This is a fast moving, quick read. It may be read in a few hours of dedicated reading time. I am not learned enough to know absolutely the difference between a novella and a novel. This is either a novella or close to it. As is often the case with a shorter, quicker, read, there is little character development. The book is semi autobiographical in that the author served on escort duty, for the British Navy in WWII. As such, he certainly has my respect. From a literary standpoint, I would it call it average writing. A certain amount of time is spent extolling the virtues of the escort captain and the British Navy. In tone, length, and form, as a semi autobiographical work, it reminds me of "Twelve O'clock High". In length and style it reminds me of "The Bridges of Toko Ri" by James Michener, which is about the Korean War and not semi autobiographical. This short work was made into a movie and changes were made to make the movie, which of course, is common. I felt the movie was better than the book and recommend both for comparison and contrast. But the movie is significantly better in my estimation. As I previously stated, I greatly respect the author. As a work of literature, except for the fact that this work was converted into a fine movie, the book is somewhat forgettable. The book is small and short, and I am VERY glad I did not overpay for my copy. I paid $3.00 for a nice used copy.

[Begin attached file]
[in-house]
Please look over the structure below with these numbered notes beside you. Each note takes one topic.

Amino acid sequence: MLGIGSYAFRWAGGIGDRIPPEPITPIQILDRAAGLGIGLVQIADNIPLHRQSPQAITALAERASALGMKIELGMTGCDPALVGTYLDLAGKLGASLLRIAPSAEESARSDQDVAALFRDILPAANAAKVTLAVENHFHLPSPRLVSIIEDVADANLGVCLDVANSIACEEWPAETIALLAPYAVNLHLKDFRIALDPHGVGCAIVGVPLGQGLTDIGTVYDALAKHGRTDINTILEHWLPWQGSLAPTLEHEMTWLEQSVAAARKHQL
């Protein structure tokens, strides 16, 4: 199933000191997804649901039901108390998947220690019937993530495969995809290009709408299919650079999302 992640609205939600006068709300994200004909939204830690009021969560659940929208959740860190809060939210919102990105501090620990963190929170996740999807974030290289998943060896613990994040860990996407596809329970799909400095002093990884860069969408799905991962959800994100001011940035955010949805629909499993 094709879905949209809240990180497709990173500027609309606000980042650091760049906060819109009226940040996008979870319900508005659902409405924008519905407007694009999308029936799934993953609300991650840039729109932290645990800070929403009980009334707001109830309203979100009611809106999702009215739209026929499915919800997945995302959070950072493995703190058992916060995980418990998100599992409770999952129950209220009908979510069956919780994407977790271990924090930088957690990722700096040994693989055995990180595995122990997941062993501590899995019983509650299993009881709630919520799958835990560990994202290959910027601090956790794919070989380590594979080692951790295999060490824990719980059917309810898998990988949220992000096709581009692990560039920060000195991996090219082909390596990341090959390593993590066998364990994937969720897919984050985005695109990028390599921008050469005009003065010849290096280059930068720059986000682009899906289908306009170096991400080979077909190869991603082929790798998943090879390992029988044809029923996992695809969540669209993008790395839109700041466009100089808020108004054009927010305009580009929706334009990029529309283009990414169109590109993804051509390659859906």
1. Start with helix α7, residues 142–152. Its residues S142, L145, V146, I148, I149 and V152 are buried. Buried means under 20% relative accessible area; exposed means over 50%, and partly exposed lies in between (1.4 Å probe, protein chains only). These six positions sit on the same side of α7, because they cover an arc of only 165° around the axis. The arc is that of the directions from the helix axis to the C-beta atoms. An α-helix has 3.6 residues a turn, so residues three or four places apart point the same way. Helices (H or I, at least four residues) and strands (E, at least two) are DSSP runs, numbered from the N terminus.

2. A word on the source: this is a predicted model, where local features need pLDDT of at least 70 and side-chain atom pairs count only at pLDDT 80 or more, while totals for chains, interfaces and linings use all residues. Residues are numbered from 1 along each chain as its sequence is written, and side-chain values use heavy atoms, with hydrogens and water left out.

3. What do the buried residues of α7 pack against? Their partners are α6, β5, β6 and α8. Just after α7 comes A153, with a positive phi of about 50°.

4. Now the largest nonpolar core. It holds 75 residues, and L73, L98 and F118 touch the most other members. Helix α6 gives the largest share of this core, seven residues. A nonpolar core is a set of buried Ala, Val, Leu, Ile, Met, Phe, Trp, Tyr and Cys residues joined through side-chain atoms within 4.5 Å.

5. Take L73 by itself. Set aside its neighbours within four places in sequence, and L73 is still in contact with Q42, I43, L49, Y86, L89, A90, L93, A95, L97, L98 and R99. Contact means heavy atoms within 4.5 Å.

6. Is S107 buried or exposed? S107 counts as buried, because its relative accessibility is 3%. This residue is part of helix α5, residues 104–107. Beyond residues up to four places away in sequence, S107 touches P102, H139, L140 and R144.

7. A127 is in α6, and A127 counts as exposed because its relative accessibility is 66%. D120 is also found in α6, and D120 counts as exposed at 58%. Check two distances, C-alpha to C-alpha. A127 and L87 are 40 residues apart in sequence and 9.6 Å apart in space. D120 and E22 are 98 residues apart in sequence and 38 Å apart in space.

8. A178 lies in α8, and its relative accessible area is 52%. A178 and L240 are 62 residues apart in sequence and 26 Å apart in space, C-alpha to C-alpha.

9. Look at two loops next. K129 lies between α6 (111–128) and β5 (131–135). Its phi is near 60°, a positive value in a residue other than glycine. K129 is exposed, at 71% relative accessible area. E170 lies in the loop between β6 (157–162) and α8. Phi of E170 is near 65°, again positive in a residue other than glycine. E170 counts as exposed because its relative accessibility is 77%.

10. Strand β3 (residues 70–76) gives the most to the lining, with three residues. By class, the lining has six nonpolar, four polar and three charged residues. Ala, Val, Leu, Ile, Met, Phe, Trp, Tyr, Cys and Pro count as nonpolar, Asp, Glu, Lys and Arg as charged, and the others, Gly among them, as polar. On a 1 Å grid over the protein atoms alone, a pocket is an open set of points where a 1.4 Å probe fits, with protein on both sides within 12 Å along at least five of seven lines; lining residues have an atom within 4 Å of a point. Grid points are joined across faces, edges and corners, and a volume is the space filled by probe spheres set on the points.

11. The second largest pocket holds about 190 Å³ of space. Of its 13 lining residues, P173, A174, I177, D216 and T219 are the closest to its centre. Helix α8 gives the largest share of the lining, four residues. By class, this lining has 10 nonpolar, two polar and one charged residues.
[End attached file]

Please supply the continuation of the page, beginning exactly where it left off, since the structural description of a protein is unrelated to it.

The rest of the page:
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Format: Paperback Verified Purchase
Great book written by a man who experienced the Battle of the Atlantic personally. It gets into the psychological aspect of the adversarial relationship between the Capt of the destroyer and the U-Boat Capt. Rayner is a great author. His "Long Fight" is an excellent read. It's sort of a Master and Commander/O'brien novel for those who don't have the nautical background. I wish he wrote more books!
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Format: Hardcover Verified Purchase
Novel from which the movie was based. BOTH are recommended. Usual amount of artistic license in the movie. Seeing the movie helped me to visualize the characters.
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Format: Kindle Edition Verified Purchase
Very disappointing. Having read the first and got accustomed to the real characters of HMS Hecate, the second book appeared contrived with nameless participants (The Captain) playing parts that just did not fit. The whole story was full of technical holes that did not appear in the first book. All academic as the the book was written a long time ago. But not nearly as good as his first work.
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The author describes an "attack table," an electrical device, which allows the U Boat Captain to aim his torpedo at the proper angle to hit the moving target. In fact, this complex device, an analog computer, was called a "Torpedo Vorhaltrechner," and did trigonometric calculations to derive the angle of firing. If you are curious to learn about the details, you should visit an excellent website, Torpedo Vorhaltrechner Project.